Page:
U.S. courts have expanded the exception to reach other kinds of fiduciary relationships. In what is commonly referred to as the Garner rule,4 the fiduciary exception is regularly applied to assertions of privilege made by corporate counsel when discovery is sought by shareholders. Courts have also applied the exception to legal advice provided to a partnership, to a union’s assertion of privilege against its members, and to claims of privilege made by administrators of employee pensions funds and health care plans. In the context of employee benefits, the common law fiduciary exception has collided with the statutory definition of “fiduciary,” as promulgated by the Employee Retirement Income Security Act (ERISA). The intersection of these two regimes is addressed by the Third Circuit’s opinion in Wachtel v. Health Net, Inc., below.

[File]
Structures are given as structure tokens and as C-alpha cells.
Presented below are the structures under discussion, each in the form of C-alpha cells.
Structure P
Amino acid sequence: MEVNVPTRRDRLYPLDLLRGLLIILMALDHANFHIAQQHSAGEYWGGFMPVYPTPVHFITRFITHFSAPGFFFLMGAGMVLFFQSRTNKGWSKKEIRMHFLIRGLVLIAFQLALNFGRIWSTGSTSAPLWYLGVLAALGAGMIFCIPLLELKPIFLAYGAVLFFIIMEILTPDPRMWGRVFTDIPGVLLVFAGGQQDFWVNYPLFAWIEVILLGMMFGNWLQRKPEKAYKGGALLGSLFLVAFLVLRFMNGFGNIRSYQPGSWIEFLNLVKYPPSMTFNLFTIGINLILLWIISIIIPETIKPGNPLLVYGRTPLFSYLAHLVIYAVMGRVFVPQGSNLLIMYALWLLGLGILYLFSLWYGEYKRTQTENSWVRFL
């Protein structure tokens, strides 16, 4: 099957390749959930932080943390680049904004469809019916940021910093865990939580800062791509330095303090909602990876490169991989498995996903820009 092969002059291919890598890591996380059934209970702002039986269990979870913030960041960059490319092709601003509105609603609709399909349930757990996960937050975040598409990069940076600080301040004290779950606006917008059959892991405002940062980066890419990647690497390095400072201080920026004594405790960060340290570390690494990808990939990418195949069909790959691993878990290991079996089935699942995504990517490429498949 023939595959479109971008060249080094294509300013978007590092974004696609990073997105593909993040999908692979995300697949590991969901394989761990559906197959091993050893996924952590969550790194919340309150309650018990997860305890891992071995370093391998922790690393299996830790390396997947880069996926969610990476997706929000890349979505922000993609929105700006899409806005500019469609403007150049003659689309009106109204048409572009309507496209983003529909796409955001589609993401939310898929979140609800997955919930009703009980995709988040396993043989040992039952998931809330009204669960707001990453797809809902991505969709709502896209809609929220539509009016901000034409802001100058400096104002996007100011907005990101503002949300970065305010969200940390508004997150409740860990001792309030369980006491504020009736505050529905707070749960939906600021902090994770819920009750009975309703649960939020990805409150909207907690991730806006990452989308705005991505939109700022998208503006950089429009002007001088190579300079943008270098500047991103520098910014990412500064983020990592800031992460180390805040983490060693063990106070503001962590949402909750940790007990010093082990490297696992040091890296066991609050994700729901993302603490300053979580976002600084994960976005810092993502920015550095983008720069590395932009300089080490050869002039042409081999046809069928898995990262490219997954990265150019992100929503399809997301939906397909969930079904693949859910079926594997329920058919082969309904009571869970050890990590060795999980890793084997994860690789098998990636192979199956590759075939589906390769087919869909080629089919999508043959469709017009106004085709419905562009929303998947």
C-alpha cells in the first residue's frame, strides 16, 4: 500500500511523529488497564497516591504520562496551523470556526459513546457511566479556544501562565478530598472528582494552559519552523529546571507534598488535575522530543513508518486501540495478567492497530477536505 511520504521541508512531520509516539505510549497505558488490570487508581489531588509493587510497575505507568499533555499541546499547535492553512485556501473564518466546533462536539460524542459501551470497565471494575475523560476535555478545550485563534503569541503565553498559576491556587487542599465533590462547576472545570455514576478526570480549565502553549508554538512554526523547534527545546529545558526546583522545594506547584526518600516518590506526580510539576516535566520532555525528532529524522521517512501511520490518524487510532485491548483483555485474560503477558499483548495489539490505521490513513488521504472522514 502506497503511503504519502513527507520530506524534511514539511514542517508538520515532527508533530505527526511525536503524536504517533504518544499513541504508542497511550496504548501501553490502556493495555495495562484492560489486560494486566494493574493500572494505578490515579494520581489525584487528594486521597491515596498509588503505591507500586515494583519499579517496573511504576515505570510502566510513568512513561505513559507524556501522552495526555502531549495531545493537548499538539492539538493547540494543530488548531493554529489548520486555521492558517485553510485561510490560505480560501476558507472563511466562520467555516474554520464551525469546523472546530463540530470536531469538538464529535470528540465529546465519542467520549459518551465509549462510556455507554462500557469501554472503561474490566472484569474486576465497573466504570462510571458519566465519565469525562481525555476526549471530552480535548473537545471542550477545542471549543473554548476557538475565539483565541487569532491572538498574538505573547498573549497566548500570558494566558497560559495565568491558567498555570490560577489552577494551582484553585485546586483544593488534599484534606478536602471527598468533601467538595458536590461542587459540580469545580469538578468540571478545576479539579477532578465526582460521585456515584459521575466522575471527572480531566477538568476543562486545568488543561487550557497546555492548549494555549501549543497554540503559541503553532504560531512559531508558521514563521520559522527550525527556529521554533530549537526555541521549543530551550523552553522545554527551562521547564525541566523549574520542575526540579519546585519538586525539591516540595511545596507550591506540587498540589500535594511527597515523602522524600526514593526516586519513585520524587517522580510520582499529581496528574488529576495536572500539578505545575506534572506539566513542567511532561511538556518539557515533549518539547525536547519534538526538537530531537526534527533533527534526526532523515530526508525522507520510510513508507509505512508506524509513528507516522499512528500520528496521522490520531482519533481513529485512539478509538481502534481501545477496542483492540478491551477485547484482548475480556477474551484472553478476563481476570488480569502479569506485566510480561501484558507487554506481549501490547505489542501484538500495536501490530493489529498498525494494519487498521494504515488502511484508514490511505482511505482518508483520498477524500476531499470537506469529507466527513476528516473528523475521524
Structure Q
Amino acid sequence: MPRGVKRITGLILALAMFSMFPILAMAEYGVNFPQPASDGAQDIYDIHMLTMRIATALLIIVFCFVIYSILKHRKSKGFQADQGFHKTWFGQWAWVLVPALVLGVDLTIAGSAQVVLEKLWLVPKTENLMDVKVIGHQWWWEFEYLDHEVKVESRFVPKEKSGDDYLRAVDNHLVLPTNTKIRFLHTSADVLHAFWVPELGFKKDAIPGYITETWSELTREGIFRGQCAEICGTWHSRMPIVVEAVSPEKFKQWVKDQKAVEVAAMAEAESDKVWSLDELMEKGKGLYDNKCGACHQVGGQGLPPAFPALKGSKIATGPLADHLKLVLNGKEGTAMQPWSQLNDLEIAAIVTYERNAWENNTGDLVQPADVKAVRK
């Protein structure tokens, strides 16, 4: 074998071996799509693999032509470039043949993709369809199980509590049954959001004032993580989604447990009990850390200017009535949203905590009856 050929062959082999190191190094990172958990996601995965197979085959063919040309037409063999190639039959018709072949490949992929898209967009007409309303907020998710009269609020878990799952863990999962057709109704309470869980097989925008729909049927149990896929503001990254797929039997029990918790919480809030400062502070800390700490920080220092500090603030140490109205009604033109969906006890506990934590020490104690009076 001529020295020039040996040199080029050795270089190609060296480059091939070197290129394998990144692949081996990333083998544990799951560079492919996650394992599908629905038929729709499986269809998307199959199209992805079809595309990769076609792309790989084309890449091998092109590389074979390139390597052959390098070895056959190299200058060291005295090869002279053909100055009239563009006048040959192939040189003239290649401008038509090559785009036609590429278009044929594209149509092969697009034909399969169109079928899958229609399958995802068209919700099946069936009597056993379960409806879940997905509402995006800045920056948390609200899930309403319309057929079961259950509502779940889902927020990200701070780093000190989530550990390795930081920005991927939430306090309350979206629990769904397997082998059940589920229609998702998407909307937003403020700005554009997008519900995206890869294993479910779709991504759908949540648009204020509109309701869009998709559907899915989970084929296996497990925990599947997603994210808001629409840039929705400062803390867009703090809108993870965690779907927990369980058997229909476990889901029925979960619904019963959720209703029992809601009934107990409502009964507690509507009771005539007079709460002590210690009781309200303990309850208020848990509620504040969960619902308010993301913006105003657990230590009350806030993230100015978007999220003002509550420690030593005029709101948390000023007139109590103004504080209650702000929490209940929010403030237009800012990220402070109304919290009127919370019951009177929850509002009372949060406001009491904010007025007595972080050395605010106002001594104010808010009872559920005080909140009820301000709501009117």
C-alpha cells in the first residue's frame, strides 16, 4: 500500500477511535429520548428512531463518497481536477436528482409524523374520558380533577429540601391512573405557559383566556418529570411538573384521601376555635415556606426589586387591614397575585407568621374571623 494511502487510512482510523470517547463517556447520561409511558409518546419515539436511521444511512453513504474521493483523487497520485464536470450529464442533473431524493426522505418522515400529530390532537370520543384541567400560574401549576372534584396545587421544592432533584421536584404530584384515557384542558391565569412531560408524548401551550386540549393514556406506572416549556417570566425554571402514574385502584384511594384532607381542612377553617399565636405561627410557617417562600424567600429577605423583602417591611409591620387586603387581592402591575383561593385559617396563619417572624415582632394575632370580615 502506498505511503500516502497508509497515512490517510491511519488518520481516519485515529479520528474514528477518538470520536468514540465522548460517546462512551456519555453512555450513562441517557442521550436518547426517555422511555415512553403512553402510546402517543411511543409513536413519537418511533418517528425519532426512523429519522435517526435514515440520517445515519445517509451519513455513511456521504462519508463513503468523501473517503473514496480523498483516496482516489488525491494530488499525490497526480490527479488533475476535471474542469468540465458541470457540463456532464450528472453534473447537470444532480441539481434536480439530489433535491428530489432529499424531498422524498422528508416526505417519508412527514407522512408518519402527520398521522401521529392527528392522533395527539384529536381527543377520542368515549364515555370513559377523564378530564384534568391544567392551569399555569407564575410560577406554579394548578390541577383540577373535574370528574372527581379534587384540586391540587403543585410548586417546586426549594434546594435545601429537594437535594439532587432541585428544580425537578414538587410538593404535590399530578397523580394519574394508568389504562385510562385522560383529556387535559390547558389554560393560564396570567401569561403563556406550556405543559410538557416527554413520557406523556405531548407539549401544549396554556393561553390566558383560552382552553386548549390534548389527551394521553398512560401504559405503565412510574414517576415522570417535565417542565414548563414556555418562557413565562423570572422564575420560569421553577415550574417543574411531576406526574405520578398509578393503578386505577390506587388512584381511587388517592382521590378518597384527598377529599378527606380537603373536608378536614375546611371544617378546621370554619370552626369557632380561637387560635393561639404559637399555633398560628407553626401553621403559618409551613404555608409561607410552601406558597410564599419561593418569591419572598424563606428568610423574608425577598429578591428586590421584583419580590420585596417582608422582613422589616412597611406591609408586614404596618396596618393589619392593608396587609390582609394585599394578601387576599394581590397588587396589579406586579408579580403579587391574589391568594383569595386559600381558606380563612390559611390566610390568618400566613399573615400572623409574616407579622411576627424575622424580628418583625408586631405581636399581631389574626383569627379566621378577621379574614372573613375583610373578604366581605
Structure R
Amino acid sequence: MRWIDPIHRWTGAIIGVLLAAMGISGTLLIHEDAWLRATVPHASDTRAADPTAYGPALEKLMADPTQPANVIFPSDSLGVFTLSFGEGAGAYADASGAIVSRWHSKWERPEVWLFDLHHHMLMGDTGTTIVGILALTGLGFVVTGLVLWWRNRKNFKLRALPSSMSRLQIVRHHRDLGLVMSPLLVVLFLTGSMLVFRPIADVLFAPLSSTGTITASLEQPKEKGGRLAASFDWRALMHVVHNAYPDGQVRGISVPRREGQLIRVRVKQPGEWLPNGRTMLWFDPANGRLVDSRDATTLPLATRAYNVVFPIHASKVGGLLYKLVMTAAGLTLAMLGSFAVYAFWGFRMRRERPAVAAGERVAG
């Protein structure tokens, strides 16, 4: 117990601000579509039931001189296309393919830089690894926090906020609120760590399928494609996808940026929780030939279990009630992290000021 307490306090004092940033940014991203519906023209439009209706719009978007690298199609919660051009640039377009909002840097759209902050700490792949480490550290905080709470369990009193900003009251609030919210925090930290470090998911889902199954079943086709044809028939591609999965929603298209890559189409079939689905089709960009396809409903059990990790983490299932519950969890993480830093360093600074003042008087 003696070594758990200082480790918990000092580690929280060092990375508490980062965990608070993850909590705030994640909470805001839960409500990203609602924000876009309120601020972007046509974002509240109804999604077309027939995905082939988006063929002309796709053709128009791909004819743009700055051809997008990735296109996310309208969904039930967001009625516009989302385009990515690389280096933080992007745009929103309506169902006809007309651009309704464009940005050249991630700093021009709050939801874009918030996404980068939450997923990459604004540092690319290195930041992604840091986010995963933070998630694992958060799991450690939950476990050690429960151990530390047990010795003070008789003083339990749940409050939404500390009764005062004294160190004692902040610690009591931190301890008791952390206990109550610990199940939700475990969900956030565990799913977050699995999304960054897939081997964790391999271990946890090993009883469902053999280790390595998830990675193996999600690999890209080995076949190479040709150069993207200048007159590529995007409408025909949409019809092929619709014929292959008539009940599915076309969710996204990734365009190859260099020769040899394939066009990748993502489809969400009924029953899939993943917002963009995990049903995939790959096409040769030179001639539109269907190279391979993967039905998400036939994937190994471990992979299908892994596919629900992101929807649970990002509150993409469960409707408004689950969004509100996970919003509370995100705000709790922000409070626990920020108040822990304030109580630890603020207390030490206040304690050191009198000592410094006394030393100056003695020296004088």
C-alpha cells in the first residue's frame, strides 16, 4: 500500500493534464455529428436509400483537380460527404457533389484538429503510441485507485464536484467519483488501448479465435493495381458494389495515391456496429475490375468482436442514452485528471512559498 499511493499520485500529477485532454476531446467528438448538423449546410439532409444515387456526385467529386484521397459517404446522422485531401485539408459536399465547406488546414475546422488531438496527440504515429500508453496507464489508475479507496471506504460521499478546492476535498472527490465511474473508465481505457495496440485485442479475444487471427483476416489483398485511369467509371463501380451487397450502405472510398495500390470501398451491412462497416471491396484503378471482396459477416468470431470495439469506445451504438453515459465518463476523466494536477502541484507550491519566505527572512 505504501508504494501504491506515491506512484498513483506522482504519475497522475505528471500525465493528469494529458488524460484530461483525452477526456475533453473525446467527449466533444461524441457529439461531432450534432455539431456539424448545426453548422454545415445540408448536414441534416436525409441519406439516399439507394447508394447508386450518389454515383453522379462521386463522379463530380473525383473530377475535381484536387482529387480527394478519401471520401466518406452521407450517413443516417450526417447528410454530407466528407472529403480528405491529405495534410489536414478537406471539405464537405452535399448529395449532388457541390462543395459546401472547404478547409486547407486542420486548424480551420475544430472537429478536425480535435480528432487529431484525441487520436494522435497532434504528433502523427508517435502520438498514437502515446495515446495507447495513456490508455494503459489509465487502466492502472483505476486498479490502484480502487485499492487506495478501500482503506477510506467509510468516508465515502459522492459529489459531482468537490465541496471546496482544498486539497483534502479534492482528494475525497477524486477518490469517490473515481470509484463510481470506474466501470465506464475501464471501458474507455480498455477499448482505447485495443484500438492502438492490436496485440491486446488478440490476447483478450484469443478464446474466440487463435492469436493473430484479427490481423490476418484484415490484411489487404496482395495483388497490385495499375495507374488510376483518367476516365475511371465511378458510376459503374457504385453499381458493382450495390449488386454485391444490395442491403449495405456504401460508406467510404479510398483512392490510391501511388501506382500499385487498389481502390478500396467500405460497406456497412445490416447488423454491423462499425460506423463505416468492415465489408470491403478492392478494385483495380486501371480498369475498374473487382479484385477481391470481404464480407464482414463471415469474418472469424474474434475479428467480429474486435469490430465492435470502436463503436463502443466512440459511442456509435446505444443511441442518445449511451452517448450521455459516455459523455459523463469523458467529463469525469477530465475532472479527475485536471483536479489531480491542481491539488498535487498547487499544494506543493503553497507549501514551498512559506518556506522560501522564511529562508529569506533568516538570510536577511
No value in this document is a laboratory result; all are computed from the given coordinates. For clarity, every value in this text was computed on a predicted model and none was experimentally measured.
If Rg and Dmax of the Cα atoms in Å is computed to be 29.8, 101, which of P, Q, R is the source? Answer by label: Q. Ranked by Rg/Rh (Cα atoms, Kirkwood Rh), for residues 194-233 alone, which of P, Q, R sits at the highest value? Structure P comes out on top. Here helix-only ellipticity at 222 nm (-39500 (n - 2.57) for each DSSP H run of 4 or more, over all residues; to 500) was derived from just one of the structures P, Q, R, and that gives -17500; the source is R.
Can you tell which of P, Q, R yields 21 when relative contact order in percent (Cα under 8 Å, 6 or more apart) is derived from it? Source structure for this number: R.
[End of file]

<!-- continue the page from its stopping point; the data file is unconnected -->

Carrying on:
The Third Circuit’s Decision

Petitioner Health Net asked the Court to vacate a district court order requiring it to produce otherwise privileged attorney-client communications under the fiduciary exception. Id. at 5. Health Net was a provider of medical benefits to participants in certain employer-sponsored benefit plans, but it did not serve as a plan administrator or trustee; rather, Health Net processed claims and made determinations on how much to pay, based on various factors, including whether the medical services were provided in- or out-of-network. Id. at 5-6. Plan beneficiaries brought suit against Health Net charging that these determinations were based on outdated data ascribing a “customary” cost for covered medical procedures, and sought to bolster their claim by obtaining privileged communications between Health Net and its counsel. The district court upheld a Special Master’s determination that, if given the chance, the Third Circuit would adopt the fiduciary exception, and would apply the exception to the communications at issue; petitioners appealed. Id. at 7-8.